In mathematics, the radical sign (or radical symbol or root symbol or radix) is a symbol for the square root or higher-order root of a number.

The origin of the root symbol √ is largely speculative. Some sources imply that the symbol was first used by Arab mathematicians. One of those mathematicians was Abū al-Hasan ibn Alī al-Qalasādī (1421–1486). Legend has it that it was taken from the Arabic letter "ج‎" (ǧīm, which is the first letter in the Arabic word "جذر‎" (jadhir, meaning "root"). However, many scholars, including Leonhard Euler, believe it originates from the letter "r", the first letter of the Latin word "radix" (meaning "root"), referring to the same mathematical operation.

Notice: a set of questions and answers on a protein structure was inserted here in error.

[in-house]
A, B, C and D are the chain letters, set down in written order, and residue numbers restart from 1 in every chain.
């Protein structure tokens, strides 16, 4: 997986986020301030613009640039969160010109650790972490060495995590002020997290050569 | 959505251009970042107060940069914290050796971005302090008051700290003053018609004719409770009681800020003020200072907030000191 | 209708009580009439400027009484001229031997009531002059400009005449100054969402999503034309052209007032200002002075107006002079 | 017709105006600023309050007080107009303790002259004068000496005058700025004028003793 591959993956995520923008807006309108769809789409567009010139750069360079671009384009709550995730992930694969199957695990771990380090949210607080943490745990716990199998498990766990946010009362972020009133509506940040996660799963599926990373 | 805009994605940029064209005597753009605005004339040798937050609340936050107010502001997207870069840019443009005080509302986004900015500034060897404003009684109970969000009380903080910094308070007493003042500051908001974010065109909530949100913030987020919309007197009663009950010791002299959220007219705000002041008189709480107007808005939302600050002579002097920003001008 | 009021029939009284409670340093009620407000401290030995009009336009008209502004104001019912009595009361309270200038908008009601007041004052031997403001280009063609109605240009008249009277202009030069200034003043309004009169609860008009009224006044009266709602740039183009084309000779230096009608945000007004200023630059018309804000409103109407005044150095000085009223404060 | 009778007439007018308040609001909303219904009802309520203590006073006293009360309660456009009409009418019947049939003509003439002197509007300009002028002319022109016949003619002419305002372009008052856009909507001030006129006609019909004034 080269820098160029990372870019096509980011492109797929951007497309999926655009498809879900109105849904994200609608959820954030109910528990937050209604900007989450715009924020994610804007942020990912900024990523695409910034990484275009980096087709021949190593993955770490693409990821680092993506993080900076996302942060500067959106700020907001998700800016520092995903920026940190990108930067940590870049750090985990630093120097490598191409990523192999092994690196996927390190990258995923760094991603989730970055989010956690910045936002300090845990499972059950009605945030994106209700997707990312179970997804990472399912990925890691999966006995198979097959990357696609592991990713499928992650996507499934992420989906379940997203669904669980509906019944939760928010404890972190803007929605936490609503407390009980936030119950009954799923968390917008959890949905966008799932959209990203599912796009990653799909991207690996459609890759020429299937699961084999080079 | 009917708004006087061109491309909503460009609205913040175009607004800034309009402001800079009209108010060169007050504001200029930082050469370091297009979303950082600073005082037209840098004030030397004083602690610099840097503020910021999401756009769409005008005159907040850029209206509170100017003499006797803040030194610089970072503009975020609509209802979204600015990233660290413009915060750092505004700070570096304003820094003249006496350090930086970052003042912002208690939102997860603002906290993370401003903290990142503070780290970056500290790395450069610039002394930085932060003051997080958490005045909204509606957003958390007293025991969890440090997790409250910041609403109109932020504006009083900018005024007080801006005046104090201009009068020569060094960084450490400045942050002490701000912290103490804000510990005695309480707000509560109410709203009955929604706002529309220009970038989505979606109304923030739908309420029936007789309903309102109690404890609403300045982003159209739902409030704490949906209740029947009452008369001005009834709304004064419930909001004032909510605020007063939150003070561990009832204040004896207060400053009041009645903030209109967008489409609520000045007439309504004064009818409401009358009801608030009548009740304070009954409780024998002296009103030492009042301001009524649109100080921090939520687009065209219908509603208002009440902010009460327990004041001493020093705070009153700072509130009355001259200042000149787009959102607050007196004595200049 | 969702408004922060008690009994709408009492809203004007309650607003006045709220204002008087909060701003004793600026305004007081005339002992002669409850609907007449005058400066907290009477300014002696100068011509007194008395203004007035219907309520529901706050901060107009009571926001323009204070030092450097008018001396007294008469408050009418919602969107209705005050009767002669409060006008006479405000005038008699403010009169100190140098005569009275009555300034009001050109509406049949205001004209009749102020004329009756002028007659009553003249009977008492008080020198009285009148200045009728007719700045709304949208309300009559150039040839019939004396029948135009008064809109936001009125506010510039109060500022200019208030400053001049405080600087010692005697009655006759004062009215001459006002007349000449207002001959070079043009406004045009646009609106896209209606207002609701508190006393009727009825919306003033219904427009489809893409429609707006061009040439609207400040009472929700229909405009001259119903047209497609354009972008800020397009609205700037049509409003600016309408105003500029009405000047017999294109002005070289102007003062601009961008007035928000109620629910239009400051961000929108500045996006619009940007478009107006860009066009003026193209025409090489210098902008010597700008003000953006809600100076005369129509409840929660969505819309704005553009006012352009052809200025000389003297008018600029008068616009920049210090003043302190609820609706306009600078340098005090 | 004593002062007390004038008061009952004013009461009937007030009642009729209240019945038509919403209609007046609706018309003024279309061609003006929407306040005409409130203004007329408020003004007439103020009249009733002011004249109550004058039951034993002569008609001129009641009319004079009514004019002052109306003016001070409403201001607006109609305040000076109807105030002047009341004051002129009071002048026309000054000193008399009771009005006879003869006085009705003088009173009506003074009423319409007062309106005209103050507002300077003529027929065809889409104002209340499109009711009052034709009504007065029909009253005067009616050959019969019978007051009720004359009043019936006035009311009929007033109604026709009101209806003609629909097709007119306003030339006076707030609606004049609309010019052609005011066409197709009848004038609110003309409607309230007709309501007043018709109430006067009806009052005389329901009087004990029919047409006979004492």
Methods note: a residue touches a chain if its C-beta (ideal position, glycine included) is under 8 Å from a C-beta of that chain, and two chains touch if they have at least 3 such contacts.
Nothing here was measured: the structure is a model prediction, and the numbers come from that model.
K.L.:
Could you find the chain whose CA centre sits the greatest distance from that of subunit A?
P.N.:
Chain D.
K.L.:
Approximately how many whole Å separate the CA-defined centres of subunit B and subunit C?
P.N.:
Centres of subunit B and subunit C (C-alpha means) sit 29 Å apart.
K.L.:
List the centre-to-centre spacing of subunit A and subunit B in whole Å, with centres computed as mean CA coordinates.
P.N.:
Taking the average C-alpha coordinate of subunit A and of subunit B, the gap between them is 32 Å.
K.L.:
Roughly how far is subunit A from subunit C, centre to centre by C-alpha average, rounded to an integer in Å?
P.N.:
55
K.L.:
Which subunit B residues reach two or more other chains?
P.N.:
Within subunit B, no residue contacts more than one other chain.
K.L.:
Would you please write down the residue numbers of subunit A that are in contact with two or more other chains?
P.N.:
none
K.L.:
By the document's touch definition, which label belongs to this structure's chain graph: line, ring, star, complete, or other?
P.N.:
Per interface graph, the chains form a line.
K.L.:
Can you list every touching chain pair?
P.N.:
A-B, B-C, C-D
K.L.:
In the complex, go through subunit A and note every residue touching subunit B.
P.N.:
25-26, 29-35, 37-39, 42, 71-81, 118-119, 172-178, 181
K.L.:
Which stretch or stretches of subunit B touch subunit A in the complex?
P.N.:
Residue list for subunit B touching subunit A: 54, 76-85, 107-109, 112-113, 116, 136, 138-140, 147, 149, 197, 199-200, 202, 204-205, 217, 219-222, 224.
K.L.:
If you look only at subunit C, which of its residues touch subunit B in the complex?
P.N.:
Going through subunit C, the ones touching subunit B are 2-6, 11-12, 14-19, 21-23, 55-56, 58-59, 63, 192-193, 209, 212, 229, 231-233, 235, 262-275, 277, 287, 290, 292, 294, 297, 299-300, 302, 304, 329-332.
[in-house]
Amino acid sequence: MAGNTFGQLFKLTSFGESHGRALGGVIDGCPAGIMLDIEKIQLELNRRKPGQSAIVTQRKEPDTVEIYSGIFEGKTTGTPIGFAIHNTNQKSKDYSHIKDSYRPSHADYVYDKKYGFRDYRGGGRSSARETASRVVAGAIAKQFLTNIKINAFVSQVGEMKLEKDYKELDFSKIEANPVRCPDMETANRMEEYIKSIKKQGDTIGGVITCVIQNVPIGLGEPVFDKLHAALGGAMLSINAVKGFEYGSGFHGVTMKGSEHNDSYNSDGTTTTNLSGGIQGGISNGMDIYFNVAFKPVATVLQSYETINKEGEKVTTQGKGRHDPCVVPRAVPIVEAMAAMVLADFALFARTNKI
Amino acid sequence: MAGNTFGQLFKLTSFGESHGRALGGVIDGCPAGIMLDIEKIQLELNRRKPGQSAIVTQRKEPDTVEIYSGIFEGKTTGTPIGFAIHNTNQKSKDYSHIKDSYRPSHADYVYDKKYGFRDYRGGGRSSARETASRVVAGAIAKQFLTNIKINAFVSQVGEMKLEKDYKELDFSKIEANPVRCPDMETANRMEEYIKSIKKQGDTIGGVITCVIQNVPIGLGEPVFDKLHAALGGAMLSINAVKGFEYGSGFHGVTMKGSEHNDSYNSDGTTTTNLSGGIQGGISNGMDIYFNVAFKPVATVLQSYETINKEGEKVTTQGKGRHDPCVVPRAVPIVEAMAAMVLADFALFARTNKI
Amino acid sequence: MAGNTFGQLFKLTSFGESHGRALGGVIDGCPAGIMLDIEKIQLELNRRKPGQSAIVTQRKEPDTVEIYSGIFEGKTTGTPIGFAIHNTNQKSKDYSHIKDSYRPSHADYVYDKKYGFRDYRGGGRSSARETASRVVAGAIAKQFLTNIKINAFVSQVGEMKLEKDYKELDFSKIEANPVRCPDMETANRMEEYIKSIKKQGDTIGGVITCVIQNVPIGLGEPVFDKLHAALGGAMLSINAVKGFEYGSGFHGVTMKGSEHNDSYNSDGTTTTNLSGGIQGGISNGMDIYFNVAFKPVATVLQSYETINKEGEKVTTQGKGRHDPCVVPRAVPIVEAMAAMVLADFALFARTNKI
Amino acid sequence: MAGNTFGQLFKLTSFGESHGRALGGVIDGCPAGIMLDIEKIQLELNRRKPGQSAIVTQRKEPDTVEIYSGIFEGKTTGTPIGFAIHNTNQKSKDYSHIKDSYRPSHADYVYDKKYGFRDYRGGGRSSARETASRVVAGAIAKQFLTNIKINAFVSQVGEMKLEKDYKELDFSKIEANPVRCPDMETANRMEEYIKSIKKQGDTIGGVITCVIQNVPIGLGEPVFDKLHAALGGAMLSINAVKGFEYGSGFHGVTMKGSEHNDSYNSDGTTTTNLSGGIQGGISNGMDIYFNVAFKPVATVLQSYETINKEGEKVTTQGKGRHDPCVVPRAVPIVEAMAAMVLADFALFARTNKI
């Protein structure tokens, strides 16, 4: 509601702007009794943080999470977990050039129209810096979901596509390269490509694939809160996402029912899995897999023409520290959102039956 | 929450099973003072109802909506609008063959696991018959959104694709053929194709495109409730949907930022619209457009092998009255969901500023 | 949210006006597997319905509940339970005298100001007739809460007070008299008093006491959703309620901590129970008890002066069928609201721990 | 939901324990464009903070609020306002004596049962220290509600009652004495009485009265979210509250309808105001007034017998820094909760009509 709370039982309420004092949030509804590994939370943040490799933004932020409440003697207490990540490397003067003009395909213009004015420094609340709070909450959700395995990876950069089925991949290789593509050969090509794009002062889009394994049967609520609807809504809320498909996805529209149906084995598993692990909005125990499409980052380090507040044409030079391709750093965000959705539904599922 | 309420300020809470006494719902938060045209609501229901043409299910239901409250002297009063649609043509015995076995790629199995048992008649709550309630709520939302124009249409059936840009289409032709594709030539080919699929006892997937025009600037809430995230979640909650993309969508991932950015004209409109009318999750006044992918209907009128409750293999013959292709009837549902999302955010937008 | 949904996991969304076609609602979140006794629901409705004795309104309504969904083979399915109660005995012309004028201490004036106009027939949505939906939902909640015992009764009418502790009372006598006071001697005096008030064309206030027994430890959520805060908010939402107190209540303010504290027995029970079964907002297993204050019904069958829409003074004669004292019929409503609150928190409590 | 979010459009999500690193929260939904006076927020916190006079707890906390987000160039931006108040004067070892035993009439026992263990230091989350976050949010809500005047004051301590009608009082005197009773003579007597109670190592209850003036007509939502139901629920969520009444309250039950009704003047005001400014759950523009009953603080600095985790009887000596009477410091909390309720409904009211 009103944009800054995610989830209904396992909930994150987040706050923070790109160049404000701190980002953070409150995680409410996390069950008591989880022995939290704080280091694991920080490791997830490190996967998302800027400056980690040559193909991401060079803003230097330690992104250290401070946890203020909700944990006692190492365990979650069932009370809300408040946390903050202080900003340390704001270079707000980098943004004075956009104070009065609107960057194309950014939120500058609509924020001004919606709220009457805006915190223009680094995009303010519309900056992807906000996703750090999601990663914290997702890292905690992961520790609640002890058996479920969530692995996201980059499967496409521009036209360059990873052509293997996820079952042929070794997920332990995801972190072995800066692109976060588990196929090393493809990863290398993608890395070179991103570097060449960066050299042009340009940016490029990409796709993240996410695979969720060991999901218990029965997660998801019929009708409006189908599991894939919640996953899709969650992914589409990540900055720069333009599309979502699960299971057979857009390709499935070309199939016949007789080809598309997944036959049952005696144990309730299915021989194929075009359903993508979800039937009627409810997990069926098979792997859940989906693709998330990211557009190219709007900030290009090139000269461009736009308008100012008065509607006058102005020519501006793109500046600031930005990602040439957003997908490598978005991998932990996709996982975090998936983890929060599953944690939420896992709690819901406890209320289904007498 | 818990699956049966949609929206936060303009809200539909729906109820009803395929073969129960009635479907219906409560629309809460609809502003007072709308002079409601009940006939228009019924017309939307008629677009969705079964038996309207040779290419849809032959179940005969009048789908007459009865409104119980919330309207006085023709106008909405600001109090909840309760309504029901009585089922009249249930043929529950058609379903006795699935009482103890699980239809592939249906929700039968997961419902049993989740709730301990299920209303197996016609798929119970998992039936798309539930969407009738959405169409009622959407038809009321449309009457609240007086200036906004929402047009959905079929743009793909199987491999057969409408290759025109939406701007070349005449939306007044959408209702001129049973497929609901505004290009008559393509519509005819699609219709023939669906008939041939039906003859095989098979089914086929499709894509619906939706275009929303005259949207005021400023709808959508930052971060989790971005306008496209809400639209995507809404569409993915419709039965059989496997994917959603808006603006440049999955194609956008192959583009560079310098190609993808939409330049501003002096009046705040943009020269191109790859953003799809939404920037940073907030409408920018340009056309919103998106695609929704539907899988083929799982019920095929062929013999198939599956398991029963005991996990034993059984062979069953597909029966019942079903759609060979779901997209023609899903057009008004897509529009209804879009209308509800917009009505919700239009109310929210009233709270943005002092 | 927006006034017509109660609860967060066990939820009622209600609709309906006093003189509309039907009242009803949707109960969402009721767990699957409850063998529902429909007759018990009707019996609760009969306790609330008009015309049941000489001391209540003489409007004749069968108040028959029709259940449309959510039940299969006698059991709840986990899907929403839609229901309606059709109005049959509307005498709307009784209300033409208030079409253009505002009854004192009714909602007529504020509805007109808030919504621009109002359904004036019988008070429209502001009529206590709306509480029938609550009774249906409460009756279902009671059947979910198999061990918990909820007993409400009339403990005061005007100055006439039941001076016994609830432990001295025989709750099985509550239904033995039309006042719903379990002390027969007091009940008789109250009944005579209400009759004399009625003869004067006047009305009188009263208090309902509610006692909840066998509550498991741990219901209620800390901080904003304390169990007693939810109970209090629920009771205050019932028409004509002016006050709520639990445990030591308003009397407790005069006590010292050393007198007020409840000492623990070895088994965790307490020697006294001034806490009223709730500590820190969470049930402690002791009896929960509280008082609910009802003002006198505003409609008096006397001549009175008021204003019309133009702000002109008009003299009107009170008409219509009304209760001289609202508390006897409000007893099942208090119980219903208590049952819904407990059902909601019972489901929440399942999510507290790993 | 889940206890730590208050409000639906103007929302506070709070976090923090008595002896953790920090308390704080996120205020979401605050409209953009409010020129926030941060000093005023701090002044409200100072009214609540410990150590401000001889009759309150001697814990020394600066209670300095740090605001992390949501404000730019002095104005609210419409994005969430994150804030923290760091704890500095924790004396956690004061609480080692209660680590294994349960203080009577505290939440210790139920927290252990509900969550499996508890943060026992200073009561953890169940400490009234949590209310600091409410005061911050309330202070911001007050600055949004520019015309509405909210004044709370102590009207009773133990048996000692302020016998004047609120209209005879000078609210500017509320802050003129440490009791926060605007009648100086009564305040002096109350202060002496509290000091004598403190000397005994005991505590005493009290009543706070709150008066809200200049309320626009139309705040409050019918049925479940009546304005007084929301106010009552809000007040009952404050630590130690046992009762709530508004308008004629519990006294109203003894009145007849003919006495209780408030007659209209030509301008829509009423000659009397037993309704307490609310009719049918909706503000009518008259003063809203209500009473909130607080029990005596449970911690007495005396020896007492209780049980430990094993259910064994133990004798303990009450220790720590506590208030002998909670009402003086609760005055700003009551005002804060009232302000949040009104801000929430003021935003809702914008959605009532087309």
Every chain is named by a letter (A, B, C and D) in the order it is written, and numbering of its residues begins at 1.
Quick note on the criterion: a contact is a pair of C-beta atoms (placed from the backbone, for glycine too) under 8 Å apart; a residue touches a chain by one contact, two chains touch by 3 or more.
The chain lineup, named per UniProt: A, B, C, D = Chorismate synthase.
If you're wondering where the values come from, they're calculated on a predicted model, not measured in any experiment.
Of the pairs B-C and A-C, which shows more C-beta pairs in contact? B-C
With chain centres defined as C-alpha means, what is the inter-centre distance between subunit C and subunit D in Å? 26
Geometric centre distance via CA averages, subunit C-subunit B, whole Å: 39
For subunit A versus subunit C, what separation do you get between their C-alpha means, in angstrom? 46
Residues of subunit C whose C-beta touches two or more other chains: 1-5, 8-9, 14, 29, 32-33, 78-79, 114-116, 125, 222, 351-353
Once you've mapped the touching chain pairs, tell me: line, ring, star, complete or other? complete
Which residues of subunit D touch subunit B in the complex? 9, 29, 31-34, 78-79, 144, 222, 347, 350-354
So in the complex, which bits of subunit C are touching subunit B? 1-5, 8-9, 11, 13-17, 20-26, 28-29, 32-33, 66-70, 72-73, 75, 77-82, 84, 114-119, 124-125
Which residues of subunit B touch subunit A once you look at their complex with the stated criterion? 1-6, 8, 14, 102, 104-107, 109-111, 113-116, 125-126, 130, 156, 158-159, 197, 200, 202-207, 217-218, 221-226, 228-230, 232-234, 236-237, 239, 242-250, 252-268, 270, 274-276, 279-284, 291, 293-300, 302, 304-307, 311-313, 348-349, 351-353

The symbol was first seen in print without the vinculum (the horizontal "bar" over the numbers inside the radical symbol) in the year 1525 in Die Coss by Christoff Rudolff, a German mathematician. In 1637 Descartes was the first to unite the German radical sign √ with the vinculum to create the radical symbol in common use today.

More Info: